How will you sell your services? How will you put those plans into action? What milestones will you use to show progress in your plan?
5. A personal summary
In essence, this a canned version of your CV—what’s your background? Your key accomplishments? Your overall relevant experience?
6. A financial plan
What are your projected sales? What will your cash flow look like? How much profit do you expect to make? For this exercise, be pessimistic and realistic; do not assume you will be working for forty hours a week, every week, at your maximum rate from the outset. It’s unlikely that you will achieve that—ever. It’s much better to underestimate your financial performance and overachieve than vice versa. Never forget that you’re going to spend a lot of time on unpaid work, from accounting to marketing to administration. And, perhaps, you would like some time for vacation as well?
7. A short summary or executive summary
The summary is often called the “executive summary”, of the whole plan. This will help when you come to selling your services; it’s the basis of your elevator pitch – which is what you’d say to your ideal clients if you were trapped in an elevator with them for five minutes.
Your executive summary should include:
what your core service is
who your main customers are
why they should choose you and your services over your competitors
how you will sell your services
It can’t be clearer than, this can it? You would think that it doesn’t matter if your executive summary sucks if it’s only meant for yourself. But really, the executive summary can be your biggest help and guide in understanding and summarizing what your main services are, what makes your services more attractive than your competitors’, who you sell your services to and how you sell them.
It takes time to develop your elevator pitch and executive summary as it should only sum up the very essence of your business plan. That’s why you should start by defining the rest of your business plan and then, at the very end of your process of making your business plan, you’ll be able to define the essence and the executive summary of your business plan.
You should always place your executive summary in the very beginning of your business plan.
Best practice: Ideally, you’ll be able to explain your executive summary as an elevator pitch in only a few sentences. You should continue working on your executive summary until you are able to explain your perfect pitch in one minute. You should also practice an elaborated version of your pitch which should take approximately five minutes. You’ll find it harder to explain yourself in one minute than in five.
You can start practicing by inserting your answers into this short sentence: “My core service is (xxx) which is essential to (xx customers), because I can help them (in xx ways) compared to my competitors.”
When you think you’ve nailed the two versions of your elevator pitch, you should try saying it out loud, and when you can say it in approximately one- and five-minute versions, you should pitch your executive summaries to your friends, family, and, of course, your peers—and get their feedback before you reach out to your future clients.
You’ll find that you will improve your pitch every time you practice it. Most likely, you will find that for each pitch you make, you can make it shorter and more precise. Your friends’ and peers’ questions and feedback will help you crystallize what your soon-to-be business is all about.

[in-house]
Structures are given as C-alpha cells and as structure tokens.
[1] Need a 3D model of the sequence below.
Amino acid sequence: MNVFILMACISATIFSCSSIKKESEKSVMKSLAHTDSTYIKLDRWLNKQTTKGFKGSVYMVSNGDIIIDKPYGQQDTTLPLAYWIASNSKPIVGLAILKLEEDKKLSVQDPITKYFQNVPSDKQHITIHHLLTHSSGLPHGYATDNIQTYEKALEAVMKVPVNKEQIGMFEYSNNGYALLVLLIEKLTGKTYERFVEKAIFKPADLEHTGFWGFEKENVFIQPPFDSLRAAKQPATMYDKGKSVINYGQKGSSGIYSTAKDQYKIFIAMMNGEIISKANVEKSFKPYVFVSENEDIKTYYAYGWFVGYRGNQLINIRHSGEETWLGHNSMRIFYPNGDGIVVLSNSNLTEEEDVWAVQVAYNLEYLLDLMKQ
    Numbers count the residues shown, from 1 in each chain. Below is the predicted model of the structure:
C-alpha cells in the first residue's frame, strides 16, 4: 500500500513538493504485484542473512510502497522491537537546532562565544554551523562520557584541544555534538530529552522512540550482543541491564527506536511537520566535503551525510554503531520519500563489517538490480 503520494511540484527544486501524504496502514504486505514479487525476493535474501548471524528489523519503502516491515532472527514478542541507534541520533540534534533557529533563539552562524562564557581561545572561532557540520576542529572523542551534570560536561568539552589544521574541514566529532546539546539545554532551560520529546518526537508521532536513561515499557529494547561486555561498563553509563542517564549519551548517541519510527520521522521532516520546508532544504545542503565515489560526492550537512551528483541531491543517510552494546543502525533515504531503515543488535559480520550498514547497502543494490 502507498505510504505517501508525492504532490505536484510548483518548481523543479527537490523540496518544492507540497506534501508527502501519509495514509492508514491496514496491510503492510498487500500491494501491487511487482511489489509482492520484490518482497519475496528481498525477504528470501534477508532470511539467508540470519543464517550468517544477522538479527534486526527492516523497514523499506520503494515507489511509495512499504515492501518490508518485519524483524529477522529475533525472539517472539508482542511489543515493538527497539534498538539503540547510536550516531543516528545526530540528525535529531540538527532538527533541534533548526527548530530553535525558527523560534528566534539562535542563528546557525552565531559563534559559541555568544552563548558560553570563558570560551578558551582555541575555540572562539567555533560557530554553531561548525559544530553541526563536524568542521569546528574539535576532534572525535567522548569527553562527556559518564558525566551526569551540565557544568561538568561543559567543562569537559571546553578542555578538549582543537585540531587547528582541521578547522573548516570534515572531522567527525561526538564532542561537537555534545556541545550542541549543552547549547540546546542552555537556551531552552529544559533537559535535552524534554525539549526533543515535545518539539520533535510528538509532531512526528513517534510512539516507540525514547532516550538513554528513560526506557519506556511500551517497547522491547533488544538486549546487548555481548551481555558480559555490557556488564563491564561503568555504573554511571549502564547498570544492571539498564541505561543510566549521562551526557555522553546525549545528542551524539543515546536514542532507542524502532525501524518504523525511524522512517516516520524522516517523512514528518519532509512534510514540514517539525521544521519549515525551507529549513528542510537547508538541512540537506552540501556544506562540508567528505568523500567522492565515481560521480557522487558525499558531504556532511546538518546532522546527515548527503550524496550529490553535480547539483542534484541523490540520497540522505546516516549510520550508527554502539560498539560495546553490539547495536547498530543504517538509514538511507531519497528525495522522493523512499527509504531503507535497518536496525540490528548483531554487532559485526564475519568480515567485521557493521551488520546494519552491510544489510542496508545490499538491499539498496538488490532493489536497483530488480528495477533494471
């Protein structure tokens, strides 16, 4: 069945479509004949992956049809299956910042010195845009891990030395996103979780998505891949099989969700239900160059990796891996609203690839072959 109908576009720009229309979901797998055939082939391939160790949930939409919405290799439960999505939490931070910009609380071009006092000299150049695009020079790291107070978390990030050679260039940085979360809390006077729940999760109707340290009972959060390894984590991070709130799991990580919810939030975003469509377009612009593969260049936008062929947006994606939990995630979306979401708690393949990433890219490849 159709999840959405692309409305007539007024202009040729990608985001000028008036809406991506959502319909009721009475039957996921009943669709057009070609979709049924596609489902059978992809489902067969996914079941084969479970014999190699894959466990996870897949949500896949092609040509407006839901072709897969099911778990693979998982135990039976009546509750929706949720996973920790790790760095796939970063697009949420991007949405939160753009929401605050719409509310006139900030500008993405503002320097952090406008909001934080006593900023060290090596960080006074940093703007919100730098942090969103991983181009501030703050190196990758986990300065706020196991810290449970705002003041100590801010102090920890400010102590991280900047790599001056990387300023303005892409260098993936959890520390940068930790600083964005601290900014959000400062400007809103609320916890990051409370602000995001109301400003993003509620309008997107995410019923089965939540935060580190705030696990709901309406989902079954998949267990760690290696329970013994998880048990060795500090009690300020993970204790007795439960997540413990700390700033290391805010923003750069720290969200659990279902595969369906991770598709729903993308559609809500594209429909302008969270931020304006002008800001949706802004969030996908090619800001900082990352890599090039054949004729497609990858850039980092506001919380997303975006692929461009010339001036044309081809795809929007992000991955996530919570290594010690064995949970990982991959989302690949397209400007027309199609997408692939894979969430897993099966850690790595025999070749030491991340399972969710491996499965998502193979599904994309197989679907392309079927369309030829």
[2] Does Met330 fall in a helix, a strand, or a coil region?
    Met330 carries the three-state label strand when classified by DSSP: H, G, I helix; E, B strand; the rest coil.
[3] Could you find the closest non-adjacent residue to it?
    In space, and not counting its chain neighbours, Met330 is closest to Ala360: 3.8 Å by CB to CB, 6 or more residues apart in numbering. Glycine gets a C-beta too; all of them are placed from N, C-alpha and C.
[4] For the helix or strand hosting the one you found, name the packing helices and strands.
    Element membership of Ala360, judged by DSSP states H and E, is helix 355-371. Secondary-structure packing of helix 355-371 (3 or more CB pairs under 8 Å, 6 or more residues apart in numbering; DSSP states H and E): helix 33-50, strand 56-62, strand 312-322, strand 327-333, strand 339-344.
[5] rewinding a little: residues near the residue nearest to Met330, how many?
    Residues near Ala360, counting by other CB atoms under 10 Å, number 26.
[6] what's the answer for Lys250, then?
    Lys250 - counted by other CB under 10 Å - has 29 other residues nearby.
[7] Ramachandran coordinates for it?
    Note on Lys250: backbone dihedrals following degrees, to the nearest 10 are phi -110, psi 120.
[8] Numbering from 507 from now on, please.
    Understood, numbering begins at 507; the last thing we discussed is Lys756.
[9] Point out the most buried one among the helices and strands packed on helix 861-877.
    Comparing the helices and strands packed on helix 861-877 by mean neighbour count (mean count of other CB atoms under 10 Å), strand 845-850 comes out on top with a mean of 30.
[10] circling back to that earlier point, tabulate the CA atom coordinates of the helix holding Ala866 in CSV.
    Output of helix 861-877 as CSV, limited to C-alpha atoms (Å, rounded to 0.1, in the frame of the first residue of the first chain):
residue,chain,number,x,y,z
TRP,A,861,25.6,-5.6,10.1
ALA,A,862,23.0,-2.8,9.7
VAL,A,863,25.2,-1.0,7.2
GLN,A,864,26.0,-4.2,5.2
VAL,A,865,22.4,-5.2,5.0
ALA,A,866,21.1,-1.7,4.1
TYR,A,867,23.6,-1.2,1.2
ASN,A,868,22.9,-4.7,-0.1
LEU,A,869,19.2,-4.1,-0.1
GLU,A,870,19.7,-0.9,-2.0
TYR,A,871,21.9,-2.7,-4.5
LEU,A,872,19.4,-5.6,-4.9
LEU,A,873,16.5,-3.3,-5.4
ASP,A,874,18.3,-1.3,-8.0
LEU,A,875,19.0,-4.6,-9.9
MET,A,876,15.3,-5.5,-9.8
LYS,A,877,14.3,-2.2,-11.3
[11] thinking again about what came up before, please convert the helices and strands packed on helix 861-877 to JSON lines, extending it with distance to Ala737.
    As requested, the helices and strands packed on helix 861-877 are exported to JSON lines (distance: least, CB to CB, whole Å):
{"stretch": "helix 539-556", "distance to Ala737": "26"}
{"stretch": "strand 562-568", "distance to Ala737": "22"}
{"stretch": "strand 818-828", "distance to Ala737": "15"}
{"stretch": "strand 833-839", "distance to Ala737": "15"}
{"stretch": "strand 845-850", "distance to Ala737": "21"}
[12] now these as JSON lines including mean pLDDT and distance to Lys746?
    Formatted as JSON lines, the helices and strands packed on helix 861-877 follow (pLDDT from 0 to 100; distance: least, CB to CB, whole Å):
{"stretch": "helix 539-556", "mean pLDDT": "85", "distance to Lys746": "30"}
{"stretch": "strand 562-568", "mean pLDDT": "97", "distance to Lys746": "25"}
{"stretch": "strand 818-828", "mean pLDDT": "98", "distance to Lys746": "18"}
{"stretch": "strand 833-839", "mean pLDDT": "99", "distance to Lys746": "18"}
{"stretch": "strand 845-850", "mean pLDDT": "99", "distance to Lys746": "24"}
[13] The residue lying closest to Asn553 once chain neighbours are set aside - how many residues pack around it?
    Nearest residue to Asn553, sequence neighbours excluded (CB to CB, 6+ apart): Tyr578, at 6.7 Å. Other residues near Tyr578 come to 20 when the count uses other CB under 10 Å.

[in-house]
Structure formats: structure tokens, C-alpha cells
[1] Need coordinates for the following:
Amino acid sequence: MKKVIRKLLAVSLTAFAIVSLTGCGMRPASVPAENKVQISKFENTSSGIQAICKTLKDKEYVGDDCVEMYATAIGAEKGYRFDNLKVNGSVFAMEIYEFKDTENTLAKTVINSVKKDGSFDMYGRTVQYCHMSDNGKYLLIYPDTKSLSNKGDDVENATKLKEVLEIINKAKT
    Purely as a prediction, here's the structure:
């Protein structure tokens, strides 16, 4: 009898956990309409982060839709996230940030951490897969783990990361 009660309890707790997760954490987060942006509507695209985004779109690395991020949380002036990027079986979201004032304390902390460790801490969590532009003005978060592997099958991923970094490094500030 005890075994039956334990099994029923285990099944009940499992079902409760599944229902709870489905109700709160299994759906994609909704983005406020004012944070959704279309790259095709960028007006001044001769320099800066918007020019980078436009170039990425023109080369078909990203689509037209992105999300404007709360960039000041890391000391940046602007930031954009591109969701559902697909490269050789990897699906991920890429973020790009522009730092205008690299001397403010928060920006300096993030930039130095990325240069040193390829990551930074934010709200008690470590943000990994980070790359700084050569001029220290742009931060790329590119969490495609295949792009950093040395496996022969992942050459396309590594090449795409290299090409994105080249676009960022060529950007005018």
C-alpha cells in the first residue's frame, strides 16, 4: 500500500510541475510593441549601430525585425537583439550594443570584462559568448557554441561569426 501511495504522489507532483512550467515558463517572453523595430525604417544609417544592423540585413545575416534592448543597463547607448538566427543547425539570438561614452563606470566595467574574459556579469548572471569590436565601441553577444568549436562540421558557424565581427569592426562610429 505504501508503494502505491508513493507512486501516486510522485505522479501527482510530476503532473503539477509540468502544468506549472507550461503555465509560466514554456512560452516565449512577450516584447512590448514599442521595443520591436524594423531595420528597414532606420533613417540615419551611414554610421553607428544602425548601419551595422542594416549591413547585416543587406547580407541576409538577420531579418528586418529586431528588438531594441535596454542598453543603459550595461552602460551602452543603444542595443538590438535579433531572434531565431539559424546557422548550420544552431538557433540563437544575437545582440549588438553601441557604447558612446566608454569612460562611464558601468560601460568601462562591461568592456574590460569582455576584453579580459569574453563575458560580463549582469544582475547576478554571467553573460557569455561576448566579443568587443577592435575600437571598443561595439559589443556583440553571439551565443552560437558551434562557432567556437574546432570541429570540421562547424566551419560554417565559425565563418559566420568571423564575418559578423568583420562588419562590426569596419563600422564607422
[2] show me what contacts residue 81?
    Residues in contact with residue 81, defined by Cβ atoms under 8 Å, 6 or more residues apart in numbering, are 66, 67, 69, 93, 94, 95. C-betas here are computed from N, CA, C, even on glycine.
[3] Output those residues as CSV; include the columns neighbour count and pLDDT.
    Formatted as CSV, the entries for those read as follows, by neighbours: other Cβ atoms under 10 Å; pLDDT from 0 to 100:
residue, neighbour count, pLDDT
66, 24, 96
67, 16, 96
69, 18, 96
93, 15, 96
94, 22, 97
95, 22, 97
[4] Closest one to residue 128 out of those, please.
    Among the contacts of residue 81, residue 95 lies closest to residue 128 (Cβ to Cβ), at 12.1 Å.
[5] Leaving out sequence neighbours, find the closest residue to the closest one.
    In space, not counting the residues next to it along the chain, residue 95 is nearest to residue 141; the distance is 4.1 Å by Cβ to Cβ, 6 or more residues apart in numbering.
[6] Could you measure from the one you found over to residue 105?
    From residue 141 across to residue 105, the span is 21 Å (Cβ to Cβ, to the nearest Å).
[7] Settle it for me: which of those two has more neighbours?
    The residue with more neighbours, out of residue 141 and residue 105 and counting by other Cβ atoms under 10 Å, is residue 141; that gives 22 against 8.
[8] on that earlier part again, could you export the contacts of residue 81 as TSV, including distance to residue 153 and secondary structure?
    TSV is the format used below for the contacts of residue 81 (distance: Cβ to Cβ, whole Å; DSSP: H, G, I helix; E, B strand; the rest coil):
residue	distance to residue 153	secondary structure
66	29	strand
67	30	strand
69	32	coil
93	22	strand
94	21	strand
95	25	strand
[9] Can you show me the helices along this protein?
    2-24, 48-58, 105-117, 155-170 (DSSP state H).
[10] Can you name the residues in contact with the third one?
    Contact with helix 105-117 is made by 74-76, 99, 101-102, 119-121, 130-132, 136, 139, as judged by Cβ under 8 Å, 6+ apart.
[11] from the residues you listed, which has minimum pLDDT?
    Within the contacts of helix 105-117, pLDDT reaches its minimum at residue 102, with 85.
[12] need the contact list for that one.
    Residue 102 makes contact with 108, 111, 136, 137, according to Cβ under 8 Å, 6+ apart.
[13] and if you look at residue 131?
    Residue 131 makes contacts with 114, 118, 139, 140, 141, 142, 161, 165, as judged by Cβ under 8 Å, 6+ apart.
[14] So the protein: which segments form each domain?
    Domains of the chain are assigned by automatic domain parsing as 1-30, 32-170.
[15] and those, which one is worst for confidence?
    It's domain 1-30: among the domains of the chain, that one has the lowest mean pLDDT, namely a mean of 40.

It may feel a bit odd the first few times you try your pitch, but you’ll soon understand that this is the best way to get to the core of what you will be doing as a freelancer or entrepreneur. This way, it will be much easier to move from planning to executing the plan in the near future.
Length of your first business plan
Keep your plan as short as possible. Aim for two pages. A short, simple plan is easy to review and refer to. If you write something resembling a book, it will serve no purpose except to take up a lot of time that could be spent doing something useful when you write it. You’ll never want to read it or see it again if it’s that long. Keep it short, sweet and to the point.
The Take Away
A business plan serves a purpose for a start-up whether you’re a freelancer or an entrepreneur. It helps you define what you do so that you can explain this clearly and succinctly to customers. It helps you see if your plans are going astray so that you can take corrective action. It helps you think about your position in your market and how to be competitive.
Writing a business plan for your own use should be a simple, straightforward exercise. You don’t need to worry about presentation, spelling or grammar – no one else will see it. You just need to capture the relevant information.
Later on, when your business is better established, you’ll want to update the plan, and if you then intend to show it to other people, you might want to read up on how to develop a more complex plan.
You might also, at that point, consider using a software tool for writing your business plan. However, to start with—keep it simple. Don’t get bogged down with the process; if you spend more than a day on this, you’re spending too much time and overthinking things. You can always go back and correct your business plan’s course when you’ve started working.
References & Where to Learn More
Hero Image: Author/Copyright holder: Pixabay. Copyright terms and licence: CC0
You can also find some great example business plans here: 500+ Free business plan examples